Ambassadors Archive 2

Taiwan: A Beacon of Democracy

Interview with Representative Jason C. Yuan

By Alan Dessoff

For the Republic of China on Taiwan (ROC), an island nation slightly larger than the state of Maryland, political and economic relationships with other countries are vital, particularly with the United States and the mainland People’s Republic of China (PRC). Both countries have played important roles in Taiwan’s history, and the nature of the relationships of all three countries with each other will be important in shaping Taiwan’s future.

Fostering Taiwan’s relationships with the U.S. is the mission of Representative Jason C. Yuan, who heads the Taipei Economic and Cultural Representative Office (TECRO) in the U.S., the equivalent of an embassy. The two countries have not maintained formal diplomatic ties since January 1, 1979, when the U.S. switched diplomatic recognition from the ROC to the PRC. But informally, through government and private-sector contacts, Yuan, in his post since August 2008, and with extensive previous diplomatic experience in the U.S. and elsewhere, knows how to effectively advance his country’s interests. He demonstrated that at the recent annual conference in Los Angeles of director generals, the equivalent of consulate generals, of TECRO’s 13 offices in the U.S. Each office covers the states in a region of the U.S., but Yuan, who coordinates them, emphasized that while they focus on Taiwan’s business in those regions, their principal responsibility is to “help the Washington office improve the U.S.-Taiwan relationship as a whole. In everything they do, they have to consider if it is good for the relationship.”

He believes it’s important, for example, that Taiwan’s regional representatives know the U.S. Senators and Representatives who represent the states and districts in their regions and ”why these political leaders are important to us,” It’s good for the relationship, he added, if Taiwan’s representatives “get closer” to the U.S. leaders and their constituents “where they live,” not just in Washington.

That played out last September, when Taiwan sent a large, agricultural buying mission to the U.S. After a visit to Capitol Hill, they traveled to key agricultural states, and Yuan briefed mission members on the political importance of those states and their Congressional representatives — including Montana, represented by Sen. Max Baucus, chairman of the Senate Finance Committee, and Indiana, whose Sen. Richard Lugar is the ranking Republican on the Senate Foreign Relations Committee.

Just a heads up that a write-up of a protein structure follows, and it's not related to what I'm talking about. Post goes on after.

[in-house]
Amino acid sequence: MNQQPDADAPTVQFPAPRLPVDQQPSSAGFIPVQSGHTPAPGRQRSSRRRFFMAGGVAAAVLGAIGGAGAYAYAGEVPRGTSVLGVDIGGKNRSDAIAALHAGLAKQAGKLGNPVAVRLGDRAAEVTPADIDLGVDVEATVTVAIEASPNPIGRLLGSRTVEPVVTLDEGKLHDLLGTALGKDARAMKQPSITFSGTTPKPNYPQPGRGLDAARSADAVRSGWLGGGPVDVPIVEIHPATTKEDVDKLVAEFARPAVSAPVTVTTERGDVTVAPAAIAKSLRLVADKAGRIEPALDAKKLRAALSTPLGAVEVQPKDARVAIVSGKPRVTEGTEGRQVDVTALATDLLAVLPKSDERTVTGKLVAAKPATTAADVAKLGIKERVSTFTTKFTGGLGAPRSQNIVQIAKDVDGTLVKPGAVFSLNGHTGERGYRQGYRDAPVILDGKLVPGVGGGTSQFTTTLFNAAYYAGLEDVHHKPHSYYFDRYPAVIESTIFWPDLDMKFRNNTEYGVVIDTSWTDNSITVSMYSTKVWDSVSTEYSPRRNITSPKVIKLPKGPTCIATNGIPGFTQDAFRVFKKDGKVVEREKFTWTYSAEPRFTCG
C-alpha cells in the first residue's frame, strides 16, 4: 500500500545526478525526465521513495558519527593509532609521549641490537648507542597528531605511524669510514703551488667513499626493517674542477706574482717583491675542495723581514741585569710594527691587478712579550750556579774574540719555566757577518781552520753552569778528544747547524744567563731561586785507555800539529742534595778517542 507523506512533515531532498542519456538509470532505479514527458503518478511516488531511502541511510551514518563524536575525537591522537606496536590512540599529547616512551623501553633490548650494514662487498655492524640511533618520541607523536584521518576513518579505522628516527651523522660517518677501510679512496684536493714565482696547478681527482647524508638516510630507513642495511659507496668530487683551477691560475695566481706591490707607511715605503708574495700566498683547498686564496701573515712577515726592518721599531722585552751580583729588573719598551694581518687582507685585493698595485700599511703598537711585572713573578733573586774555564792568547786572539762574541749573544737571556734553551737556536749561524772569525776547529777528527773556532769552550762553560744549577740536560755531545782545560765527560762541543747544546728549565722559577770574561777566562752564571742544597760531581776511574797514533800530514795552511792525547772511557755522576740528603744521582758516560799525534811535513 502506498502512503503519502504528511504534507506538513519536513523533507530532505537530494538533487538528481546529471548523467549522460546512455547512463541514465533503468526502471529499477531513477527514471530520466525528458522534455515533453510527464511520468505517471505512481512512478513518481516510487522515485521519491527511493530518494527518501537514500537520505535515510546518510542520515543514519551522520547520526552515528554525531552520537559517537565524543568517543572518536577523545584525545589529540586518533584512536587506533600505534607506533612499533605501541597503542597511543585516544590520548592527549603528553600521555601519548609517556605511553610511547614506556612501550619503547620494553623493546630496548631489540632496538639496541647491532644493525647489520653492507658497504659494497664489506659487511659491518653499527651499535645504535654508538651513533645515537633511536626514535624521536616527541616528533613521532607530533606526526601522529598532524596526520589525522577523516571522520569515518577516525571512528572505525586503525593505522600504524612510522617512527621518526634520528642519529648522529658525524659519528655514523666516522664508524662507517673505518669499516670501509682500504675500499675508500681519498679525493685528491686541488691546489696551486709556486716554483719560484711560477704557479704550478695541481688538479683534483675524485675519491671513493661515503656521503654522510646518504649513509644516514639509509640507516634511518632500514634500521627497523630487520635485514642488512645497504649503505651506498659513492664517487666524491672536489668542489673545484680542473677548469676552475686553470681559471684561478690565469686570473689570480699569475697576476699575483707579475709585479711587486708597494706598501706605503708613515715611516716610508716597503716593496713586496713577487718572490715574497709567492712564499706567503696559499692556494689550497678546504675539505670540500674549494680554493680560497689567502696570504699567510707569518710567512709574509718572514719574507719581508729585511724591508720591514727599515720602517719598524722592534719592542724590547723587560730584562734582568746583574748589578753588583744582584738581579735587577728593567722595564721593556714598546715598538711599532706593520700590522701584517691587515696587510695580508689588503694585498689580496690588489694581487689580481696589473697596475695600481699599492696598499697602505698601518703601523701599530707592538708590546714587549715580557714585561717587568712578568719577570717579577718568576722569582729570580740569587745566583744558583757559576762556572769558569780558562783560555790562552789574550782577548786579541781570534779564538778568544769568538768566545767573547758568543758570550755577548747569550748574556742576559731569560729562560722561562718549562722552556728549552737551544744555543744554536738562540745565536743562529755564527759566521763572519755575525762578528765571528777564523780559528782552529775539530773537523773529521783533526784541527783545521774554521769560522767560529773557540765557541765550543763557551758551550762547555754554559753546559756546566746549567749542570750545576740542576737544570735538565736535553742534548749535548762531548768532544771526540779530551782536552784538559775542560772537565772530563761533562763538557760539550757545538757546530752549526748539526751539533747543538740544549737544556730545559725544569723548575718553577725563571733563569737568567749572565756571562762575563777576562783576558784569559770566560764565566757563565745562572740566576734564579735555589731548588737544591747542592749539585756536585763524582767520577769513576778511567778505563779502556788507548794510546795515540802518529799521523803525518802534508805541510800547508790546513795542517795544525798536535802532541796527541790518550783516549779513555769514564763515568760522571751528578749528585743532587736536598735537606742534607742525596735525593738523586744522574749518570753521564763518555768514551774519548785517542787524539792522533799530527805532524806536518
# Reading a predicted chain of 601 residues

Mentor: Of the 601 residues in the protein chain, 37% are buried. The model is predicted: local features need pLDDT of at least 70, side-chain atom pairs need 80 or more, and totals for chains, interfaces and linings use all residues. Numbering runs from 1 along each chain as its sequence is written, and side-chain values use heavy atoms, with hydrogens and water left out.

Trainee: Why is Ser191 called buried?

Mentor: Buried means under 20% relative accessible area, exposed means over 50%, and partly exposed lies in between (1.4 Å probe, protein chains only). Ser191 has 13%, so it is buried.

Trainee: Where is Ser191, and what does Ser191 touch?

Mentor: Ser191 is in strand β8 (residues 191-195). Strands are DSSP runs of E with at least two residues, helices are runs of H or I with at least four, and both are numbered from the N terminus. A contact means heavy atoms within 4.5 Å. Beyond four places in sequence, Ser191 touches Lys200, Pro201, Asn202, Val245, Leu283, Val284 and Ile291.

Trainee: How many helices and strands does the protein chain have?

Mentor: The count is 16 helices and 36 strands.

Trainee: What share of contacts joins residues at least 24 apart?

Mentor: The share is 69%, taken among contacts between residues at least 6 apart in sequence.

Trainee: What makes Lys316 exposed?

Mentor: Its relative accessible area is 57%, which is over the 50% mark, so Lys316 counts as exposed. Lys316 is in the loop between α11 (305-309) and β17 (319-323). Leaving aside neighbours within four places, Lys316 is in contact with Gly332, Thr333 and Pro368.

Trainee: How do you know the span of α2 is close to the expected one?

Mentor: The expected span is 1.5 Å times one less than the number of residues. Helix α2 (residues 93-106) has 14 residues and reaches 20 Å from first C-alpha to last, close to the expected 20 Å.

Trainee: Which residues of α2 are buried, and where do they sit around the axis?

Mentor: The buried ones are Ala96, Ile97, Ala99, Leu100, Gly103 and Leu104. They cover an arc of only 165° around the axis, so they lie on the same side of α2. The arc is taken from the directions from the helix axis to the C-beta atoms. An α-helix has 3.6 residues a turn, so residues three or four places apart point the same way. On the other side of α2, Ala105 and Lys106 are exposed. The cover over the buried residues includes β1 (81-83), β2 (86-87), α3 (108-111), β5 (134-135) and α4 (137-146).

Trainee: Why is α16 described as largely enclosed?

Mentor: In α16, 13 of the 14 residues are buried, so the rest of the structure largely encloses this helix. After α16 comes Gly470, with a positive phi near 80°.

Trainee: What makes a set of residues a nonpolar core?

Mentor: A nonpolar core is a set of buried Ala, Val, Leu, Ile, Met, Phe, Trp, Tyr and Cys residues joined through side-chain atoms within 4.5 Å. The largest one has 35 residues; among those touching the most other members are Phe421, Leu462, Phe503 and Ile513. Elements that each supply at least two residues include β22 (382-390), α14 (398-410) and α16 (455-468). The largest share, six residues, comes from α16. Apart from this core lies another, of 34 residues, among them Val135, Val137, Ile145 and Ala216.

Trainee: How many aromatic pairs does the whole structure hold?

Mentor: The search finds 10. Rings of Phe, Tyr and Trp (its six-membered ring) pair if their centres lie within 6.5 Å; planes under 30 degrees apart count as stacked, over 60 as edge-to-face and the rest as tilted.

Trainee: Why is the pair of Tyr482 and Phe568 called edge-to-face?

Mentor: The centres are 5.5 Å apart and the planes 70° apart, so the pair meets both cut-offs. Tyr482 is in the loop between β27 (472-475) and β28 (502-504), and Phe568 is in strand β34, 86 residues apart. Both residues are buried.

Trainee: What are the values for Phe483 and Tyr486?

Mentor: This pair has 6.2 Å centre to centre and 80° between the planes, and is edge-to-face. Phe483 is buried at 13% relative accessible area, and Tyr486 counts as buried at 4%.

It was important as well, Yuan said, for the U.S. legislators to understand how much Taiwan means to their states and districts economically in its purchases of soybeans, corn, wheat, barley and other agricultural commodities. “We try to let our American friends understand that we don’t just take from the U.S., we want to give business back. That is how to maintain a friendship,” Yuan asserted. The buying mission wound up spending $3.5 billion.

Maintaining a consistent relationship with the U.S., regardless of the U.S. political leadership, also is important to Taiwan. Yuan related that he recently called on former President George W. Bush. “I know the Bush family very well,” and when Bush was President, “maybe it was very difficult for him to receive us at his office. But it is easier for us to go to him now that he is a private citizen. We can review how he conducted his foreign policy towards Taiwan and mainland China and how we can use that to deal with the new Obama administration. That will be helpful to me and to them,” Yuan said.

He noted that it was Bush who characterized Taiwan as “a beacon of democracy in Asia and the world” in a congratulatory message that Bush sent to Ma Ying-jeou after Ma was elected Taiwan’s president in March 2008. Now the Obama administration “seems very happy” with the Bush administration’s position on U.S.-Taiwan-China policy under the Taiwan Relations Act, which Congress enacted in 1979, so continuity of that policy seems assured, Yuan said. He noted that President Obama, on his recent visit to China, reiterarated the US's continued support for the three communiques with China and for the Taiwan Relations Act' .”

Yuan said the Bush administration might have thought that Taiwan, under its previous president, Chen Shui-Bian, “pushed them a little too hard.” But under President Ma, Taiwan has tried to adjust its policy, which, Yuan said, now has three basic principles: “No unification, no independence, no use of force.”

“No unification” means Taiwan “will never consider itself part of China,” he explained. “No independence” means Taiwan will not become an independent republic. “We don’t want to take a risk that China will invade Taiwan,” Yuan said. Also, “from the U.S. standpoint, we don’t want the U.S. to fight in Taiwan’s streets. It’s already standing up in the Mideast and Korea.” And “no use of force” to settle sovereignty issues means simply “we want peace,” Yuan declared.